Amazon clinches deal to buy Middle East online retailer Souq.com - Amazon.com has agreed to buy Middle East online retailer Souq.com, thwarting a last-minute bid by Dubai billionaire Mohamed Alabbar's Emaar Malls EMAA.DU. "By becoming part of the Amazon family, we'll be able to vastly expand our delivery capabilities and customer selection much faster, as well as continue Amazon's great track record of empowering sellers," Mouchawar, founder of Souq.com. said in a statement on Tuesday. (reuters)
Uber to end services in Denmark after three years - Ride-hailing group Uber Technologies will withdraw services in Denmark next month due to a taxi law that sets out new requirements for drivers such as mandatory fare meters, the company said on Tuesday. Uber has faced headwinds since its app went online in Denmark in 2014 as local taxi driver unions, companies and politicians complained that Uber posed unfair competition by not meeting legal standards required for established taxi firms. (reuters)
American Airlines takes $200 million stake in China Southern - China Southern Airlines Co Ltd said on Tuesday it will sell a small stake to American Airlines Group Inc in a $200 million deal that will give the carriers better access to the world's two largest travel markets. For American Airlines, the deal could widen access to China, one of the biggest sources of tourists to the United States, and will help it compete with rival Delta, which has invested in foreign carriers in Mexico, Brazil and Britain in recent years.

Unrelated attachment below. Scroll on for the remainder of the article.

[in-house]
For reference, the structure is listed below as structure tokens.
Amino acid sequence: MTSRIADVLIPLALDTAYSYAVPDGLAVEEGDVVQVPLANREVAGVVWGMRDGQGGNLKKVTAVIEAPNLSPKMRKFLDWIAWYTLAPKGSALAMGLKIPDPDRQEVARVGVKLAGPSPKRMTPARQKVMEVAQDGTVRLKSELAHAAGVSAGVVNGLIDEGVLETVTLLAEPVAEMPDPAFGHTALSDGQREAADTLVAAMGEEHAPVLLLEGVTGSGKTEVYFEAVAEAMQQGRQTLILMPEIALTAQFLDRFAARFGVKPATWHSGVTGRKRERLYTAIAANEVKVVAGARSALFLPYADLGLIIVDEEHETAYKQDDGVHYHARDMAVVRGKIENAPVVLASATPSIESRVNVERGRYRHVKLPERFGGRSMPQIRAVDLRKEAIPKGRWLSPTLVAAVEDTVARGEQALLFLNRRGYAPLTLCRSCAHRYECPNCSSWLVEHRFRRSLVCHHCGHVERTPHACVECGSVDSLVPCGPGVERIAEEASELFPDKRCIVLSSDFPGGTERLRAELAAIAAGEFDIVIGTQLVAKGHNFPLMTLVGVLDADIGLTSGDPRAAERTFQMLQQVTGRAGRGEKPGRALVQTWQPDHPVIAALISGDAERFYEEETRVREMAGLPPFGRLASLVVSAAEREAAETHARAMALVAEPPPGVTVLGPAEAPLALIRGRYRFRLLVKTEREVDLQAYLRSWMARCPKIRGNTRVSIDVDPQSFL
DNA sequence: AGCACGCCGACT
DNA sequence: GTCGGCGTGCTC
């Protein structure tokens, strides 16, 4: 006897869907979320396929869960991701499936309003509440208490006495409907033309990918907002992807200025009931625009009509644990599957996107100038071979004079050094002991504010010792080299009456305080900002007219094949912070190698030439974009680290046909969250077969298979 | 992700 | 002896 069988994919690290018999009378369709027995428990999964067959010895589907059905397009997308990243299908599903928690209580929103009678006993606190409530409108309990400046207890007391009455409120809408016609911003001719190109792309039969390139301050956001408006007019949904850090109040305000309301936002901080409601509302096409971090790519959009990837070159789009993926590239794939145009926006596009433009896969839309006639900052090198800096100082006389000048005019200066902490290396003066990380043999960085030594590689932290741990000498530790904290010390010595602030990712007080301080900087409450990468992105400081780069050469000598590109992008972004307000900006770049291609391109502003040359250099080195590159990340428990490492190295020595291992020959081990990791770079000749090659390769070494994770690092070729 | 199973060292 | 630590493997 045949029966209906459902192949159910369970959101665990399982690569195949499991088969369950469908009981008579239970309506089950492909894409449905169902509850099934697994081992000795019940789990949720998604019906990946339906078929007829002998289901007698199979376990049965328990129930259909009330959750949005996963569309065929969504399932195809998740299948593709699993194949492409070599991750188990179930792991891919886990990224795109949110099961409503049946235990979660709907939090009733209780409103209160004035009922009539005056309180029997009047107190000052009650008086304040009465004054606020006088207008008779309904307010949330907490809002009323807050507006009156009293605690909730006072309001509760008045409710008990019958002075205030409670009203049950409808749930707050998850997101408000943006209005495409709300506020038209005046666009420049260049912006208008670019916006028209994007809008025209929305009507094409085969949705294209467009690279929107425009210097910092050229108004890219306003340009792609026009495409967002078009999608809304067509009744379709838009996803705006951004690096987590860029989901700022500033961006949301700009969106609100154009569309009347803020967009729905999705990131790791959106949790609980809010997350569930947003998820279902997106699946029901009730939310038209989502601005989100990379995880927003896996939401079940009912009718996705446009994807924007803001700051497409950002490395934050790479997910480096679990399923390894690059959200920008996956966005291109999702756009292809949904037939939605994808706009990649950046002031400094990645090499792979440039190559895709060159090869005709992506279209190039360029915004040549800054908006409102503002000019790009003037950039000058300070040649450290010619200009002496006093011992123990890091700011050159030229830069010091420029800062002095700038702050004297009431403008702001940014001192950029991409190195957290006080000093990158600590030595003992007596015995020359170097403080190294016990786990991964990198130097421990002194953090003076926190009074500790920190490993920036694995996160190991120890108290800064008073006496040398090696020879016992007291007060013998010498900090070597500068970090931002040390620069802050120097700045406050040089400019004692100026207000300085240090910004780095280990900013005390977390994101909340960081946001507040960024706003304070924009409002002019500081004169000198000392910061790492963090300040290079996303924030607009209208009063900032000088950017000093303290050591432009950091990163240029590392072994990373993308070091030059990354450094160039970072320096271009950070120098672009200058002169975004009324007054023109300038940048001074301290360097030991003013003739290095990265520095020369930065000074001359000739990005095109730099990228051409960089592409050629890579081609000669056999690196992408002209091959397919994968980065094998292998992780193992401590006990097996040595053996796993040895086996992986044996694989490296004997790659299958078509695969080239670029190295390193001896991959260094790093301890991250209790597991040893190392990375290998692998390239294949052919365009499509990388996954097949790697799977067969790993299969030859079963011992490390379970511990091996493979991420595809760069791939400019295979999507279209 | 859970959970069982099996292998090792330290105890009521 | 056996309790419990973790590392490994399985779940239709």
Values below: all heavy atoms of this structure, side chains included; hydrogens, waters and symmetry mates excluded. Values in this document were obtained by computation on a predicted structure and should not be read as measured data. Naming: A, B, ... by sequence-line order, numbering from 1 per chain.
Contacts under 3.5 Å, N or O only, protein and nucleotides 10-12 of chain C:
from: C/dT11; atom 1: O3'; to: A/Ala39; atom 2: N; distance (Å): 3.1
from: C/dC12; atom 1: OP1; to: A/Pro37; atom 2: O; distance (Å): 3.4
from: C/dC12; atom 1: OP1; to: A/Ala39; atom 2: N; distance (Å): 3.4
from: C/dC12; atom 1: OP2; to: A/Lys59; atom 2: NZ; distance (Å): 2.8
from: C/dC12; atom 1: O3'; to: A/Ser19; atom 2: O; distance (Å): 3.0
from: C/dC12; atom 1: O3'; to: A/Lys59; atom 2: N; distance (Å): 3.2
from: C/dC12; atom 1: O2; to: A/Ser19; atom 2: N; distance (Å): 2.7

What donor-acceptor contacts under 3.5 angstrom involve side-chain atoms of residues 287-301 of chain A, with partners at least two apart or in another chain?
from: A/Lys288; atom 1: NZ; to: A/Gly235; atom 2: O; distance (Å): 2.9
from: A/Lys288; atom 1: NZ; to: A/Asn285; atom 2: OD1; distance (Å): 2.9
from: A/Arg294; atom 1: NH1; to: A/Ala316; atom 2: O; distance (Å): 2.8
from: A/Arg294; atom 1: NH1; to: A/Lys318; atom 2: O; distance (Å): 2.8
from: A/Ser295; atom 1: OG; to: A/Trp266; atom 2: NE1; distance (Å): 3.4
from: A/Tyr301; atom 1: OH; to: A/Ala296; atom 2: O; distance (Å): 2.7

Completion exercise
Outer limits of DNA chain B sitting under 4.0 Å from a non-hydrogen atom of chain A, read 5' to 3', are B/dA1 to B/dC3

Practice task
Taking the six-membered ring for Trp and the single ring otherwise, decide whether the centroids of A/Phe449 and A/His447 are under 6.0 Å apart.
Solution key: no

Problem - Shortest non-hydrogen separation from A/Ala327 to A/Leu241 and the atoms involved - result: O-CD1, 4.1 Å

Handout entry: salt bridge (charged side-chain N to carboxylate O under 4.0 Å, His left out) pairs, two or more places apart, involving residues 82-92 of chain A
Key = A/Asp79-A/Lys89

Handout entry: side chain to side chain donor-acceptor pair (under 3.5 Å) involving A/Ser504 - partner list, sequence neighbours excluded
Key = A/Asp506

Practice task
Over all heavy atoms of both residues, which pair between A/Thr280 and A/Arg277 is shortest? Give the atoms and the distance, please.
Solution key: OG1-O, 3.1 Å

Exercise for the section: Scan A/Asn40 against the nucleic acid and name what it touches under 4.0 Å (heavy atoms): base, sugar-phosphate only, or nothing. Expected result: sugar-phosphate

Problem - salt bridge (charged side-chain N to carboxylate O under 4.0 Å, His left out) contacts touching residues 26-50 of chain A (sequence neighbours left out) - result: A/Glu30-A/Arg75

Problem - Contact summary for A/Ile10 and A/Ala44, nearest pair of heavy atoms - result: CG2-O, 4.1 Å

"We are two of the biggest carriers in the world and our networks are highly complementary," American Airlines President Robert Isom said in the statement. (reuters)
Ericsson hit by bill of up to $1.7 billion as new CEO sets out overhaul - Sweden's Ericsson will book up to $1.7 billion in provisions, writedowns and restructuring costs in the first quarter as its new CEO outlined his strategy to lead the telecom equipment maker out of its worst crisis in a decade. The sweeping measures mapped out by Borje Ekholm include exploring options for its loss-making media arm as well as restructuring its business designing, building and managing networks for operators. The Swedish business insider and veteran board member took over as CEO in January and investors have been keen to hear how he plans to deal with shrinking markets and mounting competition from China's Huawei and Finland's Nokia . "Restoring profitability is key and we will start by focusing the portfolio to fewer areas and securing effectiveness and efficiency in operations," Ericsson said in a statement on Tuesday. (reuters)
Facebook's Messenger app adds live location-sharing - ramping up competition with tools offered by Apple Inc and Alphabet Inc's Google Maps. The company has found that one of the most used phrases on Messenger as people talk to friends and family is "How far away are you?" or some variation, Stan Chudnovsky, head of product for Messenger, said in an interview. "It happens to be what people are saying, what they're interested in the most," he said. Google Maps said last week that it was adding a similar live feature, an attempt to boost engagement on a product of increasing strategic importance to that company. (reuters)